"I got asked that so many times, because I turned up for the interviews looking nice. Well firstly, we created that character together. He didn't do it to me. It's a collaboration. And secondly, how do you want me to look? Like a cleaned up version of someone who hasn't slept in 24 hours and is still drunk? Like, 'Mike, please make me look attractive, think of my Oscar! America's got to love me!'.
"I was never once asked that question here. I think England is less prescriptive about it. There's an awful lot of Botox floating around Hollywood, and worse. I'm sure it's floating around here too but less so, I think, and the pressure is less here."
In stark contrast to Mary, Lesley's character in The Phantom Thread is an emotionally cold but physically stylish presence. She plays Cyril, the sister of Day-Lewis's neurotic fashion designer Reynolds, in the edgy Paul Thomas Anderson film. Day-Lewis is also up for an Oscar, as is the film, which gained particular attention after Day-Lewis announced his retirement after completing filming.
Lesley says she had no forewarning about his decision, which she concedes will be a loss to the industry, and adds, 'Nobody was [aware]. It’s a totally private, personal decision. I can’t make anything of it because I don’t know his reasons. Probably he’ll share with me at some point but I suspect he’s not sharing them with anybody at the moment. It's a great film and I was thrilled to be part of it."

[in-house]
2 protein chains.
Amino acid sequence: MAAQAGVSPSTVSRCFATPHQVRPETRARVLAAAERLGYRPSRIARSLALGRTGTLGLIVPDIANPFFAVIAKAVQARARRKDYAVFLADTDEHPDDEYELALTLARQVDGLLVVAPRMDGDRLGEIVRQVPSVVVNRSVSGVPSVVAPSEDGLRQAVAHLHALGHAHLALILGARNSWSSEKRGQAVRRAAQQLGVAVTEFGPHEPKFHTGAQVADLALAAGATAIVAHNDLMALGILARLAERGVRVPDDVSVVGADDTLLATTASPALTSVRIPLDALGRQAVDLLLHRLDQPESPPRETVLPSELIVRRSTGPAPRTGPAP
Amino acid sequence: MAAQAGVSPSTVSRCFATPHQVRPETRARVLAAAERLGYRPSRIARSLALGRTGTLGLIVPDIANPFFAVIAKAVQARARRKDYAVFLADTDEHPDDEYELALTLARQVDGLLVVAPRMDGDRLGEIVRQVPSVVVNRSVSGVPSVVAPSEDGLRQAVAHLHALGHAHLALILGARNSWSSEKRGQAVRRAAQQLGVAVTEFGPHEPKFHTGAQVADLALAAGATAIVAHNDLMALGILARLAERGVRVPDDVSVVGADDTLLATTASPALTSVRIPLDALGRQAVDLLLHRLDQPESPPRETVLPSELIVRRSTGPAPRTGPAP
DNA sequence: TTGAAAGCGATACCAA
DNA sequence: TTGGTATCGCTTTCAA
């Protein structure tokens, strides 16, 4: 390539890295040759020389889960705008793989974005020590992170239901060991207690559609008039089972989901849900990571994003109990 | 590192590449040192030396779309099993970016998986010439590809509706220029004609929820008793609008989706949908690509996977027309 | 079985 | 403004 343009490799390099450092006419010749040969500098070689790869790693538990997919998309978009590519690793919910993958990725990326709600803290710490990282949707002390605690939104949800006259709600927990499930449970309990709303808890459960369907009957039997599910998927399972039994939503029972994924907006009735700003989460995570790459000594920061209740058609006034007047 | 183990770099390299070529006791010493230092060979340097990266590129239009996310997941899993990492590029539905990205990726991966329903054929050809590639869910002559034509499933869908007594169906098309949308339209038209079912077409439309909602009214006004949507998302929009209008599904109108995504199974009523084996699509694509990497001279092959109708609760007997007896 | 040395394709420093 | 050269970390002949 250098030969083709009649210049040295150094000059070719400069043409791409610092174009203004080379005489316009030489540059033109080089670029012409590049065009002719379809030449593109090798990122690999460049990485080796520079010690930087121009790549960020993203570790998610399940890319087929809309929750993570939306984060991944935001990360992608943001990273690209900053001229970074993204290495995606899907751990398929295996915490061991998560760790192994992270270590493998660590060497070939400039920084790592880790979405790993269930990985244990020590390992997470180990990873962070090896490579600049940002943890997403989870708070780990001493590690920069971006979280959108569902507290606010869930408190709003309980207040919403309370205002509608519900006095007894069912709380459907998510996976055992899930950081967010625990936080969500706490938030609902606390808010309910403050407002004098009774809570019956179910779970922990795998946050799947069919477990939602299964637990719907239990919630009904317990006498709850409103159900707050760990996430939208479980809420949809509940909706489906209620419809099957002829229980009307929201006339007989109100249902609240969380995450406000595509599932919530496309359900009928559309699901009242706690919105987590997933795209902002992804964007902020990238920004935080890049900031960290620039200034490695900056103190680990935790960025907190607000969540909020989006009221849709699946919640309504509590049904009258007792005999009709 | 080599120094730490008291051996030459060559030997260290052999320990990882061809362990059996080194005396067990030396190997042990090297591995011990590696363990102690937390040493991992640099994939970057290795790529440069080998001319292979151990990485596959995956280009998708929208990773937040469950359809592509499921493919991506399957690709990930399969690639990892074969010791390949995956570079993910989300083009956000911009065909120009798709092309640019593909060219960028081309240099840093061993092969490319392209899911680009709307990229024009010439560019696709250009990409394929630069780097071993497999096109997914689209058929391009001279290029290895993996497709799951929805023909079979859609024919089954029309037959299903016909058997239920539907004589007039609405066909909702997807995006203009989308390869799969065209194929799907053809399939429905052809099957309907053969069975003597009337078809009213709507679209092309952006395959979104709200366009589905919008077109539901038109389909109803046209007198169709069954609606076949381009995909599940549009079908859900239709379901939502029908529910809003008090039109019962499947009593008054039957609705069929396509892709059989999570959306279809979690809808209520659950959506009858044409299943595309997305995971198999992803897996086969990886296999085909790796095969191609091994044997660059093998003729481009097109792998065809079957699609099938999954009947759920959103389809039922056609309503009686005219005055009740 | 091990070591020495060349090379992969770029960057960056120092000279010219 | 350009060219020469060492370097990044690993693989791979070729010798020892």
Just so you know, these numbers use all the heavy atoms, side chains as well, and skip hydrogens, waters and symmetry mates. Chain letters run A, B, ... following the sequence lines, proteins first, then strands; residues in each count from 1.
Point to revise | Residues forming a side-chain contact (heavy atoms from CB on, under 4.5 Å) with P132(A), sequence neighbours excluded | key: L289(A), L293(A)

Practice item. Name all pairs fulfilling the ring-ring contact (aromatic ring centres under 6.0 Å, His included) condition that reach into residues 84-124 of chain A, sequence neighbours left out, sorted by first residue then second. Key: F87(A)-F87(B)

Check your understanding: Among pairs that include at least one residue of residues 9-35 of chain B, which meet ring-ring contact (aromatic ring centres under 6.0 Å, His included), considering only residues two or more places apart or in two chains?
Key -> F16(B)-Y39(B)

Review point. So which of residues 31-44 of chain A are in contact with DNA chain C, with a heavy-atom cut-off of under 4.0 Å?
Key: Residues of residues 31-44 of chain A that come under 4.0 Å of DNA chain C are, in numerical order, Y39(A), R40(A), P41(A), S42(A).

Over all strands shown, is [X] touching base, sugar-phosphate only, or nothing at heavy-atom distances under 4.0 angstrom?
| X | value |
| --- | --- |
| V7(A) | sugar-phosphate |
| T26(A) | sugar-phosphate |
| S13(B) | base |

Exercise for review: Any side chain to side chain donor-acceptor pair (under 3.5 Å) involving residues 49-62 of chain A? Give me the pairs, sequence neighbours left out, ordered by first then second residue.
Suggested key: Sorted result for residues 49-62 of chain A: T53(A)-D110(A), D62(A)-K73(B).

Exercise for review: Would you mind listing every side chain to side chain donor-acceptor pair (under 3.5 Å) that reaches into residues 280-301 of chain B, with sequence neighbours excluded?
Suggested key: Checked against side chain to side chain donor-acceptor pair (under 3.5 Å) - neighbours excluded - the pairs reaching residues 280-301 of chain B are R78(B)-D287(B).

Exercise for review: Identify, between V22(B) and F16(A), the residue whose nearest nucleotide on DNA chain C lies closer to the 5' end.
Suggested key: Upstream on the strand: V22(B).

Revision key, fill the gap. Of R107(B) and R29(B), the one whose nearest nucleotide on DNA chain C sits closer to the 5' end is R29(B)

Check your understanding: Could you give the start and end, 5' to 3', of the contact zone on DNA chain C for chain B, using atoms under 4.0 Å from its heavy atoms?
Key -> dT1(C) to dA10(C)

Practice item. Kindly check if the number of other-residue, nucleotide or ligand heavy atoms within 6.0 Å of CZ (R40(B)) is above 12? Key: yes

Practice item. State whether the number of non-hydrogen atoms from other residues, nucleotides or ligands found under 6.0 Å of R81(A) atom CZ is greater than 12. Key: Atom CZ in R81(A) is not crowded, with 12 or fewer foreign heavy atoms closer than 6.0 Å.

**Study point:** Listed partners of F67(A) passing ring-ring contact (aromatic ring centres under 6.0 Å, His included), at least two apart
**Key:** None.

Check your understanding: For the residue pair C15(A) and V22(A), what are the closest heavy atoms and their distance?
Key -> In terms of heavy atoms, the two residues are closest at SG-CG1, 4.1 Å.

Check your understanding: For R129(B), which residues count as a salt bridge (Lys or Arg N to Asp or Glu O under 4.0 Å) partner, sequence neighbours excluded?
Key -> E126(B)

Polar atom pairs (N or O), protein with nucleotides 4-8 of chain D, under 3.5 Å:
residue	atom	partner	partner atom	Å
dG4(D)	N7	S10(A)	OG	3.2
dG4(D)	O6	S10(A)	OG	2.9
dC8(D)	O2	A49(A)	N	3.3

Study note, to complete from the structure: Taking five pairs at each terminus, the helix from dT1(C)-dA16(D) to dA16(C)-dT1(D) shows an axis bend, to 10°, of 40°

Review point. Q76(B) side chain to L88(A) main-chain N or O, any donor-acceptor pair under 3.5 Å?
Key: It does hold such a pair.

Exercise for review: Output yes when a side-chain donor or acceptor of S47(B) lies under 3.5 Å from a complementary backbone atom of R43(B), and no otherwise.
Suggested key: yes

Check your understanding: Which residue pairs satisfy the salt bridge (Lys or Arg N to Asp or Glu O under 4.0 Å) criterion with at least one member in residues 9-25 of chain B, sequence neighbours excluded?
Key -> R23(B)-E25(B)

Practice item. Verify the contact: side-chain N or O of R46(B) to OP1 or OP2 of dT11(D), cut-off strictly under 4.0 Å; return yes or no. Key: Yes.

In the flesh, Lesley is great fun and hugely self-deprecating. When she realises I have watched the entire second series of Mum as well as Phantom Thread before our interview, she apologises with mock horror, 'I'm sorry you had to endure eight hours of Manville! That's an entire day. Oh God."
And when we later talk about what she will wear to the Oscars, she says, "Well, it's a film about couture - I can't turn up looking like a blob - there's some pressure there!"
But she can also be serious and weighty, and it seems the different sides to her personality have afforded her an eclectic career: something which was picked up on by Mike Leigh who has cast her in his films more than any other actor.
When she met him, Lesley says she felt out of her depth as an actress because she had not had the classical training of many of her contemporaries.
She had left school early to go to Italia Conti where she'd concentrated mainly on singing, and was even offered a job in Hot Gossip by Arlene Phillips, which she turned down.
"If I'd have joined Hot Gossip it probably would have been 'career over' by the time I was 25 because dancers' careers are short lived," she says. "I do wonder how my life would have been if I'd pursued classical singing. Singing is a gift I was born with, whereas acting is something I feel you get better with, the more life you've had and all the things that happen to you along the way.